NOTE: THE VAULT is a non-profit website. (Any advertising that appears on THE VAULT is placed there by WordPress and the profit, if any, goes to WordPress.) We make every effort to honour copyright for the photographs used in our articles. It is not our policy to use the property of any photographer without his/her permission, although the task of sourcing photographs is hugely compromised by the social media, where many photographs prove impossible to trace. Please do not hesitate to contact THE VAULT regarding any copyright concerns. Thank you.

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NOTE TO READERSHIP: THE VAULT will be taking several weeks off. I just hate not writing new articles but have a family member who is critically ill. I’ll get back to THE VAULT as soon as I can with a bunch of new writing, but for now, it’s difficult to give you a precise date. However, once I’m back you’ll be notified on your Facebook, Twitter or other accounts. Thanks for your understanding, Abigail Anderson (February 4, 2014)

 

The tiny chestnut foal could hardly have known that he was born into a story, would be named after a national treasure and would grow into a legend. But that is exactly the story of Giant’s Causeway.

MARIAH'S STORM (1991), the dam of GIANT'S CAUSEWAY had already gained notoriety for her recovery from a fracture to her front left cannon bone in 1993 that should have ended her career.

MARIAH’S STORM (1991), the dam of GIANT’S CAUSEWAY had already gained notoriety for her recovery from a fracture to her front left cannon bone in 1993 that should have ended her career. But the daughter of RAHY healed to race again and did not disappoint, winning the Arlington Heights Oaks and the Arlington Matron Handicap. She then went on to defeat champion SERENA’S SONG in the 1995 Turfway Park Budweiser Breeders’ Cup Stakes.

GIANT'S CAUSEWAY'S sire was the prepotent STORM CAT, who counted in his pedigree the grandsires NORTHERN DANCER and SECRETARIAT.

GIANT’S CAUSEWAY’S sire is the prepotent STORM CAT (1983), who counted in his pedigree the grandsires NORTHERN DANCER(1961) and SECRETARIAT (1970).

GIANT'S CAUSEWAY gets a bath as his young trainer, Aidan O'Brien (back to camera) helps out. The gorgeous colt stands out as one of the greatest that O'Brien ever trained.

GIANT’S CAUSEWAY gets a bath as his young trainer, Aidan O’Brien (back to camera) helps out. The gorgeous colt would go on to become a stunningly handsome stallion, but in O’Brien’s mind and in the hearts of his devoted following he is less remembered for his beauty and more for his racing heart. He remains one of the best horses to ever grace the UK turf. Photo & copyright: HorsePhotos.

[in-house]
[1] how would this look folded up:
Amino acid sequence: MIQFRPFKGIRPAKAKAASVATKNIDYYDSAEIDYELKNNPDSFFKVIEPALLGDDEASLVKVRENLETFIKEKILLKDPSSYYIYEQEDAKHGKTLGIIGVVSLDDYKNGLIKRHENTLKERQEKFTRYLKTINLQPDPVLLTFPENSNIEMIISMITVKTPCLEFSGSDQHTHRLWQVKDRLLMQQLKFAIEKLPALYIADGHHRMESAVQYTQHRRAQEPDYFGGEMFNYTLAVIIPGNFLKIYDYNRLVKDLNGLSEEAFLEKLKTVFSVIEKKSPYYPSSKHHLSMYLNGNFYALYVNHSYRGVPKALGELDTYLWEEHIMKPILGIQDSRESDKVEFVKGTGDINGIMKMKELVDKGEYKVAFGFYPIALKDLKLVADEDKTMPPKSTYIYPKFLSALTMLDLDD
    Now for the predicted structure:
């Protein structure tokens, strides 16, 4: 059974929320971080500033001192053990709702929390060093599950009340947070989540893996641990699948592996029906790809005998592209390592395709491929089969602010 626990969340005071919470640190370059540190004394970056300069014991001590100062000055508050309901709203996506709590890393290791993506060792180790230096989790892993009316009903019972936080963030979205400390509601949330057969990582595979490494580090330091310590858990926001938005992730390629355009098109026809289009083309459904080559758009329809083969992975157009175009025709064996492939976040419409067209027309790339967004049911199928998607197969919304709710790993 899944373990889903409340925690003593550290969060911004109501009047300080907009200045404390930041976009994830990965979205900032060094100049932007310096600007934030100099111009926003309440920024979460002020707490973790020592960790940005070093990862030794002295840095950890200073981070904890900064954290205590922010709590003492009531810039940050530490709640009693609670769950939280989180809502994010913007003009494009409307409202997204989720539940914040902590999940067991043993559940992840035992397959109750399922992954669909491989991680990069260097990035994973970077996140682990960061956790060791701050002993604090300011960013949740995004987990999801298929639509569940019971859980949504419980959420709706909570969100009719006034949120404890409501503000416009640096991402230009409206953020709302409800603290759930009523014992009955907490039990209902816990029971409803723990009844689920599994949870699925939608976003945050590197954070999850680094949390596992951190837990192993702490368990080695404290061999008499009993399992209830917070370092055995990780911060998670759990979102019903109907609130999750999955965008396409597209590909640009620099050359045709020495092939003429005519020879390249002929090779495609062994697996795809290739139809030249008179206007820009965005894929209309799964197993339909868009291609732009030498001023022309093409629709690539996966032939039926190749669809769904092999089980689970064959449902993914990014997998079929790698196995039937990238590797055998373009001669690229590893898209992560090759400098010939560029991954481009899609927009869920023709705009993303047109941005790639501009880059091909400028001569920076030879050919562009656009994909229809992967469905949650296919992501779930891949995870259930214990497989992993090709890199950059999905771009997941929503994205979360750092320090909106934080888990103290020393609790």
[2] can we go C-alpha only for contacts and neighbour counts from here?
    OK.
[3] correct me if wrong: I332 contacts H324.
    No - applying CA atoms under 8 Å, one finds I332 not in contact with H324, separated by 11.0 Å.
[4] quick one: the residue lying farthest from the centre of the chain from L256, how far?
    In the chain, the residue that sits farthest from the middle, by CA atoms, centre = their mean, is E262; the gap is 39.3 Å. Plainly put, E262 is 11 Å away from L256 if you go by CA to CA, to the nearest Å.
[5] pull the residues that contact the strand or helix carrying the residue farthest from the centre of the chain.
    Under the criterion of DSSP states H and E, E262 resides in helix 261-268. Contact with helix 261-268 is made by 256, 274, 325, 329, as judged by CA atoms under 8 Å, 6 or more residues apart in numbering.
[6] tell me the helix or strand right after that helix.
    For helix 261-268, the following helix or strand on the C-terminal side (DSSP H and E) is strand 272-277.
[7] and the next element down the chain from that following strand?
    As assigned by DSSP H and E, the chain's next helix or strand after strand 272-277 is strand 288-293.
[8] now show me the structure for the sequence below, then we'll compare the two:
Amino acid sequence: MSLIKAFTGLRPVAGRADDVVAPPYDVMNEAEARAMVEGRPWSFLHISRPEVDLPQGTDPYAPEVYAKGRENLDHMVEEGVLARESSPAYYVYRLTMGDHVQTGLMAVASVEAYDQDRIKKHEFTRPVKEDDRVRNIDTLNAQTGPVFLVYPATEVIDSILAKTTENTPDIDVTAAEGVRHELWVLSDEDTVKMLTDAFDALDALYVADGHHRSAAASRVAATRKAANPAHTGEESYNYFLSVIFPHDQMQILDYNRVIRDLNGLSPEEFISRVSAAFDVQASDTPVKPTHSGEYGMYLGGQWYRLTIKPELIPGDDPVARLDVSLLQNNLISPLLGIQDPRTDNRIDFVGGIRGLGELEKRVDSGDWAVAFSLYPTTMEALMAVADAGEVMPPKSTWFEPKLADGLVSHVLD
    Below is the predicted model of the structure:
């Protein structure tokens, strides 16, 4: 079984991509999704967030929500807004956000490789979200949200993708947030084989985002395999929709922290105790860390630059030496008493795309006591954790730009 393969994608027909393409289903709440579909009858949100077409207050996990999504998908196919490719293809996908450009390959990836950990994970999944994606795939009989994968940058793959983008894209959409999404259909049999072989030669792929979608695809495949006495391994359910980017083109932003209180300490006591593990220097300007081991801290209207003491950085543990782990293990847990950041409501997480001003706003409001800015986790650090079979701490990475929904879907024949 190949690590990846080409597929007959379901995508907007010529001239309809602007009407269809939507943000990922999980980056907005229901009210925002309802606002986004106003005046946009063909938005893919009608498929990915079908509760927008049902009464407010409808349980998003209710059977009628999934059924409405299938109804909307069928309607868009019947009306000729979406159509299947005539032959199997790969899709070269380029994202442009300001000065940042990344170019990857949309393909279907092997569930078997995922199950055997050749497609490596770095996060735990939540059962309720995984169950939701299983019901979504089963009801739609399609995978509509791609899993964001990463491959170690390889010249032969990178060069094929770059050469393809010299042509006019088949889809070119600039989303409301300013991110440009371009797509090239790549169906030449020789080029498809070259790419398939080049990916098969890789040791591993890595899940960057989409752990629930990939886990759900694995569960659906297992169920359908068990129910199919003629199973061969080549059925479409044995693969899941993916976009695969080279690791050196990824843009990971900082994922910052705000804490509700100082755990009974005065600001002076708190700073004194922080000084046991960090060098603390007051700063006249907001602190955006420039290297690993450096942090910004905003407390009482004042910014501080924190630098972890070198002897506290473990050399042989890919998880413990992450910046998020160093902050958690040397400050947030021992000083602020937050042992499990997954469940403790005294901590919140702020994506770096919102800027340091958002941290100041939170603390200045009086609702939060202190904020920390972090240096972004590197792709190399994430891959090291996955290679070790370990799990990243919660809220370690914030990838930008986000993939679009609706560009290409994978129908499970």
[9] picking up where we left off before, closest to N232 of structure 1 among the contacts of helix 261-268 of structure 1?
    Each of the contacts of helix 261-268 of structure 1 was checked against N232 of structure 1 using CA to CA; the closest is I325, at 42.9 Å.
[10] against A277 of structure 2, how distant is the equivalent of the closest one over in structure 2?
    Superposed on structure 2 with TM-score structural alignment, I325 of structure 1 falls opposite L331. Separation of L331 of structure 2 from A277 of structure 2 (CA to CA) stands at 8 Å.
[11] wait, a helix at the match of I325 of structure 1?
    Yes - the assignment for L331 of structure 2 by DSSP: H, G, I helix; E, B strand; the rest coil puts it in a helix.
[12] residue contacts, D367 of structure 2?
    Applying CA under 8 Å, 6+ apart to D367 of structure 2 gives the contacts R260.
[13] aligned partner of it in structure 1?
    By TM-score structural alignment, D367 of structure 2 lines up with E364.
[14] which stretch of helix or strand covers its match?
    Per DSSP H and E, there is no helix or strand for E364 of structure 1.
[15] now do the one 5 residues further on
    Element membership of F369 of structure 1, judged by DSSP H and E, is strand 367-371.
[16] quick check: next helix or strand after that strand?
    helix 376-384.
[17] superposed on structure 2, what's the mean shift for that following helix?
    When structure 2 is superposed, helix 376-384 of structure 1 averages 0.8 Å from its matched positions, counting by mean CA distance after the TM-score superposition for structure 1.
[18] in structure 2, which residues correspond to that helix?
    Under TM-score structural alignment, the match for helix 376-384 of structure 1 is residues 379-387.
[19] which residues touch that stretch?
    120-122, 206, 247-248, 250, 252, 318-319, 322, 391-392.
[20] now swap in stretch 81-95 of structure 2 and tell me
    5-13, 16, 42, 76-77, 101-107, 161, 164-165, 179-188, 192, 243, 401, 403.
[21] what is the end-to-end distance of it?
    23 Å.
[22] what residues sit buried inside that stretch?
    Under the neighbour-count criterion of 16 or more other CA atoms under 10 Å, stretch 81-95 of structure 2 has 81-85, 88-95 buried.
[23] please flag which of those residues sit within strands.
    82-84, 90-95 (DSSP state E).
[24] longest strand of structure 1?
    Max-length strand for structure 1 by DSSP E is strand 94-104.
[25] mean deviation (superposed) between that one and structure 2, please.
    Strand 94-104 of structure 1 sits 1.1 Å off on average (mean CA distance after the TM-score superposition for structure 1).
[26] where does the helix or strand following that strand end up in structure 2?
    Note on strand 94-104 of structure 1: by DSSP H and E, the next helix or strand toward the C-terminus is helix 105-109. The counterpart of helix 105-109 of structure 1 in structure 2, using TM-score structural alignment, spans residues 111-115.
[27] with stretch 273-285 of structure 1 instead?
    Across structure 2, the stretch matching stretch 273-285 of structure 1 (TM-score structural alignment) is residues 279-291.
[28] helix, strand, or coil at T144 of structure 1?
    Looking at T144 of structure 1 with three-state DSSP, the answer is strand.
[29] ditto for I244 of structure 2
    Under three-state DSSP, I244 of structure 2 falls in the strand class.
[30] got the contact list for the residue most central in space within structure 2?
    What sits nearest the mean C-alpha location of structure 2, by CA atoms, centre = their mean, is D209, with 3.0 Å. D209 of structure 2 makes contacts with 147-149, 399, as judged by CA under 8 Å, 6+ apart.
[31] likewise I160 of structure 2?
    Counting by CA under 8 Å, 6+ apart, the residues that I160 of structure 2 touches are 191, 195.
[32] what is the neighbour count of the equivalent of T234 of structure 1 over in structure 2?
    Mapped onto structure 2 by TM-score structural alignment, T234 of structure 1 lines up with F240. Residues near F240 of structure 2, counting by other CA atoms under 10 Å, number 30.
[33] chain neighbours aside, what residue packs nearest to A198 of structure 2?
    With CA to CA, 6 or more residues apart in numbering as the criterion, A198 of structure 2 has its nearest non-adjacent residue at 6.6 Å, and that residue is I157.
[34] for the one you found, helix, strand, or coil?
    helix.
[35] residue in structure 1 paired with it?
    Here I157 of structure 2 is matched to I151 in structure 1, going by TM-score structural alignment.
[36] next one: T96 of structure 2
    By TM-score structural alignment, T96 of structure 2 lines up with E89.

Bred by Bill Peters and campaigned in the name of his Thunderhead Farms, Mariah’s Storm wove herself a story of guts, courage and heart. Breaking down in the Alcibiades with a fracture to her left front cannon bone in 1993, the filly’s racing career would have ended had it not been for the faith of owner Peters and her trainer, Don Von Hemel. It was decided that she would be rehabilitated, but even after the fracture healed, the question remained: Would the filly ever race again? Starting back in 1994, Mariah’s Storm showed the racing public what she was made of, winning the Arlington Heights Oaks, the Arlington Matron and defeating the great mare Serena’s Song in the Turfway Park Budweiser Breeders Cup Stakes in 1995.

Although she faded to finish ninth in the 1995 Breeders’ Cup Distaff (won by over a dozen lengths by the impressive Inside Information with jockey Mike Smith in the irons), Mariah’s Storm retired with a career record of 16-10-2-1 and earnings of $724,895 USD. She had done enough to inspire a movie (“Dreamer”) and to get the attention of savvy horsemen beyond the shores of North America. So it was that in 1996, at the Keeneland November breeding stock sale, Mariah’s Storm was sold, in foal to Storm Cat, to Coolmore’s John Magnier for 2.6 million USD.

The foal she was carrying was imprinted with the genetic data of Northern Dancer (1961), Secretariat (1970), Blushing Groom (1974) and Roberto (1969), as well as Halo (1969), Hail To Reason (1958), Nasrullah (1940), Nashua (1942), Bold Ruler (1954) and an important son of Man O’ War, War Relic (1958). Further, the Storm Cat-Mariah’s Storm mating called upon the known affinity between the Northern Dancer and Blushing Groom sire lines.

It was fair to expect great things from this yet unborn descendant of some of the greatest thoroughbreds of the last century. But, as history has shown, great genes don’t always beget great horses.

WAR RELIC (inside) shown beating FOXBROUGH in the The chestnut son of MAN O' WAR was thought to be his best son at stud.

WAR RELIC (inside) shown beating FOXBROUGH in the 1941 Massachusetts Handicap. The chestnut son of MAN O’ WAR, whose temper was so fierce he killed a groom, also carries the distinction of being the most influential sire of all of BIG RED’S sons. His remains lie next to those of WAR ADMIRAL and MAN O’ WAR in the Kentucky Horse Park. WAR RELIC appears on the bottom of MARIAH’S STORM’S pedigree in the fifth generation.

NORTHERN DANCER, depicted here in a stamp released in 2012 by Canada Post.

NORTHERN DANCER, depicted here in a stamp released in 2012 by Canada Post.

BLUSHING GROOM, whose sire lines work well with NORTHERN DANCER.

BLUSHING GROOM, whose sire lines work well with NORTHERN DANCER.

As Aidan O’Brien tells it (in Pacemaker, July 2001), the Storm Cat-Mariah’s Storm colt was already the talk of Ashford Stud (Coolmore America) long before he arrived at Ballydoyle.